Another record that’s special to me as it made me understand the power and difficulty of simplicity. It’s so hard to make simple but timeless music and this record has it all: just kick and hi hat + a very catchy bassline all over and some modulation on the synth. That’s it and it slaps.

#5 Jeff Mills - Berlin

One of the strongest and most powerful tracks out there. It definitely shaped my love for rough saturated drums and cheeky basslines.

#6 Robert Hood - Detroit : One Circle

Probably my favorite record by Robert Hood. This made me love sensual vocals and synth sequences with a melancholy touch.

What was it like growing up and DJing in Milan? What’s the music like and how did it help you (or not) evolve into the artist you are today?

Growing up and DJing here is a bit weird and non DJ friendly. The lack of a proper techno culture is quite an issue and most clubs here prefer to go for the easy way and book hyped festival-like headliners over and over again instead of doing smaller bookings in order to push something more underground and fresh.

As a result of this I grew up as a 16 years old guy attending major events and acts without even knowing where this music came from or realizing that this was only the top of the iceberg.

The process of learning about the underground and pure side of techno came through 2-3 years since I started attending those events and started mostly by shazaming tunes that I really enjoyed and caught my attention.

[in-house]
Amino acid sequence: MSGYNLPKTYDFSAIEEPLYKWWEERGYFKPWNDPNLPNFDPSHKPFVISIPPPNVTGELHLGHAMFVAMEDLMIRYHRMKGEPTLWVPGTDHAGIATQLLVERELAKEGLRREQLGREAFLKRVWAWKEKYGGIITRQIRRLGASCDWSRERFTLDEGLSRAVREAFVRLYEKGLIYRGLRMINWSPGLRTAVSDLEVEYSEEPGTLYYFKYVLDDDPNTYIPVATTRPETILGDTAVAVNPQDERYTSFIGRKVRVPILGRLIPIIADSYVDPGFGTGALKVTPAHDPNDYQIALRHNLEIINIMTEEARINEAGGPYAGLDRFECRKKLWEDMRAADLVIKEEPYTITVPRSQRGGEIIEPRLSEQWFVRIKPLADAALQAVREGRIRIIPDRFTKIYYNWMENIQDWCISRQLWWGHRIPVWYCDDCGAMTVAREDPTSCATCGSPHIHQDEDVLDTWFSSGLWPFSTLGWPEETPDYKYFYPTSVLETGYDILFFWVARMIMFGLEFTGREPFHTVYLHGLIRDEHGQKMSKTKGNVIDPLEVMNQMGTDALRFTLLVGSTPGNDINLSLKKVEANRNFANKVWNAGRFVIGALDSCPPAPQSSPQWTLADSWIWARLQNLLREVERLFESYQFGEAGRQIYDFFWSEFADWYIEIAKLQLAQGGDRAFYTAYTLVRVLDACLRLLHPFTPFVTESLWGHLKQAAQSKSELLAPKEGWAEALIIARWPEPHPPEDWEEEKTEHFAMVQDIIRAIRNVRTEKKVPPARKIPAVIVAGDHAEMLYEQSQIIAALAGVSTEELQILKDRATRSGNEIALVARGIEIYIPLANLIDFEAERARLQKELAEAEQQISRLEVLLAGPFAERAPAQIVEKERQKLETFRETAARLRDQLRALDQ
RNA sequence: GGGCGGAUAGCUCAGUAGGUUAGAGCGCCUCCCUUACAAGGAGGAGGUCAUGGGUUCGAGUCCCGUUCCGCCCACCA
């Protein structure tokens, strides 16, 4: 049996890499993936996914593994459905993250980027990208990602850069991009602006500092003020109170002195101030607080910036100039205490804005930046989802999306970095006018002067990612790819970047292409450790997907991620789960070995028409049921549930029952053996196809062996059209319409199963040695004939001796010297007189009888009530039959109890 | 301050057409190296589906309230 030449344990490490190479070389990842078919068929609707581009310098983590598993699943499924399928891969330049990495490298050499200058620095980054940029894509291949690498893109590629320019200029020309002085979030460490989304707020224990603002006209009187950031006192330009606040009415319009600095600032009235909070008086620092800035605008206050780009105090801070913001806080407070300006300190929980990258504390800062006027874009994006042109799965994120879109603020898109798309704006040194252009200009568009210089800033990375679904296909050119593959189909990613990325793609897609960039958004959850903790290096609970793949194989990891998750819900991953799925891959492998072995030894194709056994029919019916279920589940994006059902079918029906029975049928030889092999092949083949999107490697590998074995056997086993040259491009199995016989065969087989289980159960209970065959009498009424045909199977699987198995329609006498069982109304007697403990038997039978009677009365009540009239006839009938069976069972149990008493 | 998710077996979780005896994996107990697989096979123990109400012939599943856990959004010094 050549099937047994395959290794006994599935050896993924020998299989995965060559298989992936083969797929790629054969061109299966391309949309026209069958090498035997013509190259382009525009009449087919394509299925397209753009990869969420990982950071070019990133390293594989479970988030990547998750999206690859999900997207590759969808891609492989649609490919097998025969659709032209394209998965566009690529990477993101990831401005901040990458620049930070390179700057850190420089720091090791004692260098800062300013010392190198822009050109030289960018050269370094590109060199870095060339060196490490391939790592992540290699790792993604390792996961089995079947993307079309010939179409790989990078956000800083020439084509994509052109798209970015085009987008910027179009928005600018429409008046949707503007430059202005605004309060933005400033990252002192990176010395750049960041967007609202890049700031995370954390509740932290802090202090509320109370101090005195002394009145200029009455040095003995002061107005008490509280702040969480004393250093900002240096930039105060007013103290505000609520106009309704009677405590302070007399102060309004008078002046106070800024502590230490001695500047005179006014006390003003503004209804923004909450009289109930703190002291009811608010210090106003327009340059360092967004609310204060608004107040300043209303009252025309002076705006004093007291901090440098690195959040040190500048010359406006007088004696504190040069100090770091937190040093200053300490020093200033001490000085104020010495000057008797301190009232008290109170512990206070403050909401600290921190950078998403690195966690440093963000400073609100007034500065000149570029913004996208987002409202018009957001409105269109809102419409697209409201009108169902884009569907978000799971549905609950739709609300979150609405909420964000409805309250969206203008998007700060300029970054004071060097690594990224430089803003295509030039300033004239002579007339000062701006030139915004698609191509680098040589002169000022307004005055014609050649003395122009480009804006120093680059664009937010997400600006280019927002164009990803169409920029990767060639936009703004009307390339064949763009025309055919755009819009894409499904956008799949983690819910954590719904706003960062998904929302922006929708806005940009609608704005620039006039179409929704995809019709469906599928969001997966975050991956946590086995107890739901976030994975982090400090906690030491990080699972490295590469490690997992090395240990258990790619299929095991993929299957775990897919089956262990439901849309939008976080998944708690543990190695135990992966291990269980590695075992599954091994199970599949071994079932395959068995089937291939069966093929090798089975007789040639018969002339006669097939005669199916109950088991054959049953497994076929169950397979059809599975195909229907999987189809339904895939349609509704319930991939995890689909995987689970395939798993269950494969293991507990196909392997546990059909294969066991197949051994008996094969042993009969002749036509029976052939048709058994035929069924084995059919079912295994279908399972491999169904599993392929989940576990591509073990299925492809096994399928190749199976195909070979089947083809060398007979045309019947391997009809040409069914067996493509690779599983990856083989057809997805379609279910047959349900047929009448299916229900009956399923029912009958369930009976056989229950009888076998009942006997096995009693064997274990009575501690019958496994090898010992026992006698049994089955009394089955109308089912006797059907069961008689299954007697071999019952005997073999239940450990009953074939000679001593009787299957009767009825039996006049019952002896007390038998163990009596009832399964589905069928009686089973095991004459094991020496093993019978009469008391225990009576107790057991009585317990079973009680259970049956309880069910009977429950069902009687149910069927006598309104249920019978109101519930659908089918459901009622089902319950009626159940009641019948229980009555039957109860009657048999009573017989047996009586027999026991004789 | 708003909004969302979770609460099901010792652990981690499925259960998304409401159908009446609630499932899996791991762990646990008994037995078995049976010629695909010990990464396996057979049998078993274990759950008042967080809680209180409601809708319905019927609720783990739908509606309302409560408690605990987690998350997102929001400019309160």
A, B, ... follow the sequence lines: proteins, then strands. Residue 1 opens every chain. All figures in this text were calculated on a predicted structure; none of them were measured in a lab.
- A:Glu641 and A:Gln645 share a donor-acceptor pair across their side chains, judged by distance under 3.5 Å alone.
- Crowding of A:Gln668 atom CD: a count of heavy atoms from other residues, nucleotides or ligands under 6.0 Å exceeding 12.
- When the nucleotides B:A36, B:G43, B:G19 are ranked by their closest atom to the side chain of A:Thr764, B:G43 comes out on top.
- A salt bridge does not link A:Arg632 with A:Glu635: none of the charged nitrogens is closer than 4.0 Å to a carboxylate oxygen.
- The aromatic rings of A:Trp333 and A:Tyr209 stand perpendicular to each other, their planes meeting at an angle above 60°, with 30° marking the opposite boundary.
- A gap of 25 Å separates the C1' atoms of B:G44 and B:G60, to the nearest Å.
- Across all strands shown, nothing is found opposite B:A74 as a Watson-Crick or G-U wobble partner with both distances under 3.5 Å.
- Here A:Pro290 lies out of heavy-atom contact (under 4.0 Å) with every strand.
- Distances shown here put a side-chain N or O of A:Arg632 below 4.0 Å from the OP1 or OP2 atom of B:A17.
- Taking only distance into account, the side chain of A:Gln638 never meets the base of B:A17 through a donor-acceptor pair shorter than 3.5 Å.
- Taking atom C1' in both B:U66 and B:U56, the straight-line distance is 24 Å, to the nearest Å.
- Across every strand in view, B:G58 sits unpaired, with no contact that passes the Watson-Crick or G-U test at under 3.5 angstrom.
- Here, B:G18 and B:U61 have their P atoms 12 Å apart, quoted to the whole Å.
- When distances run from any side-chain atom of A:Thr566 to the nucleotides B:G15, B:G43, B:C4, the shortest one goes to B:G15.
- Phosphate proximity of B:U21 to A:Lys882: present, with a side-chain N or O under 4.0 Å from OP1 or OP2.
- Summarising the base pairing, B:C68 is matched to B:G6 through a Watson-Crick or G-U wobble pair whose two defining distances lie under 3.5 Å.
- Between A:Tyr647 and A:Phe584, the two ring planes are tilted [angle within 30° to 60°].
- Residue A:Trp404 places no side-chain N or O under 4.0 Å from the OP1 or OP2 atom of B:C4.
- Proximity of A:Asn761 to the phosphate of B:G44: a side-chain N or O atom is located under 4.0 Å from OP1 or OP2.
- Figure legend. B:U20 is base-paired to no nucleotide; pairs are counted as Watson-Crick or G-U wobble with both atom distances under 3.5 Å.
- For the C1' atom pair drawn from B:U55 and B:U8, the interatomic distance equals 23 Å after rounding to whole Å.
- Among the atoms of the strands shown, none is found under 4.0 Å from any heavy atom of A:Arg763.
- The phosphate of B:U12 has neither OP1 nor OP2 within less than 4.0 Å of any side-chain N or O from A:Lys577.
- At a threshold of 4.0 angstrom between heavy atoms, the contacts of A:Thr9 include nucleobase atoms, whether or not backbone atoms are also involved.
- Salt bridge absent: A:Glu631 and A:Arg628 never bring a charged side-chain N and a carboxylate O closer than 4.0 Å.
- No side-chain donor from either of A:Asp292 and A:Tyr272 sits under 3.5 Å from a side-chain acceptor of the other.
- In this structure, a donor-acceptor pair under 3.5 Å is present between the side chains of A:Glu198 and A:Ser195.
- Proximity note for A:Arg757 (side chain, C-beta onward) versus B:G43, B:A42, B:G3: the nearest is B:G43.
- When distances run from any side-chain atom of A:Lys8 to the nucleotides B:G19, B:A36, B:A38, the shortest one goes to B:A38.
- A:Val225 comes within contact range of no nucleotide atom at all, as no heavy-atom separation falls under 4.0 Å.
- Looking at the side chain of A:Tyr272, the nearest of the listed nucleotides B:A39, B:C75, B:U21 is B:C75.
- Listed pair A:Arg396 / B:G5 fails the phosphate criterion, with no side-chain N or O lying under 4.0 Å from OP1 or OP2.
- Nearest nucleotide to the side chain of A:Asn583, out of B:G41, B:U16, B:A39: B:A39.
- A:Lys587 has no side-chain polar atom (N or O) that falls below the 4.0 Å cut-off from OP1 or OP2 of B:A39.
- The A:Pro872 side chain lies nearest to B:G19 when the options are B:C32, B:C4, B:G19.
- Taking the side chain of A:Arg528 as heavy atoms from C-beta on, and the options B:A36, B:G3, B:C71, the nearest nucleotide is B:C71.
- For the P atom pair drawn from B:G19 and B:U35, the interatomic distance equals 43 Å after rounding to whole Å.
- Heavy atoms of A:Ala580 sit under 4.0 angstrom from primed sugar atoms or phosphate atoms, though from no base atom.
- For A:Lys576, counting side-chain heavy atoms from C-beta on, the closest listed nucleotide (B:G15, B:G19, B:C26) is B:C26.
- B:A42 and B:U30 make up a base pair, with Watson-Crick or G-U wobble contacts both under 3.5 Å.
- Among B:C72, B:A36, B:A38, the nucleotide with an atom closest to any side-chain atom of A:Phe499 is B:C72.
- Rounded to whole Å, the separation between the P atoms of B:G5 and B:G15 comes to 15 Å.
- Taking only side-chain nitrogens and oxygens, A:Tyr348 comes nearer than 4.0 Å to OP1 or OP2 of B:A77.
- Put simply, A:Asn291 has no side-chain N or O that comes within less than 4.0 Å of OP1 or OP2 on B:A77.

A key moment in my evolution happened when I started attending club nights at Tempio Del Futuro Perduto as it was one of the very first realities in Milano booking proper techno acts and breaking the mainstream codes of the scene in Italy. I was totally blown away by how rough and strong that place felt and I heard such banging and fast techno for the first time, it was special.

They did an amazing job in creating a culture surrounding the sound we love and I’m extremely grateful to have my own night there now, which I run with some of my best friends.

Moving on to how DJing in Milano was for me, it wasn’t easy at all. The main issue we have is the way promoters see and perceive techno events. As a newcomer I was trying to get gigs In the clubs I was normally attending and be part of the crews hosting those parties. I immediately realized how money focused the scene was and the fact that they really didn’t want to invest energy into growing resident DJs.

I had situations where I wasn’t allowed to play if I wasn’t selling a set threshold of tickets for the night. I was feeling more of a promoter than a DJ to be honest.

Thinking back about that time, one of the only positive sides of it it’s meeting Daniele (a.k.a. ‘No.name’, I’m sure many people reading this know him) who was also part of one of those crews and after a few talks we decided to quit and seek the sound that we really loved, he then became one of my best friends and we started djing and making music together, pushing each others since 4 years now.

Tracklist handwritten by Alarico

You recently released a track on Token’s 3rd Fuga compilation. How did this record come about and what does it mean to you?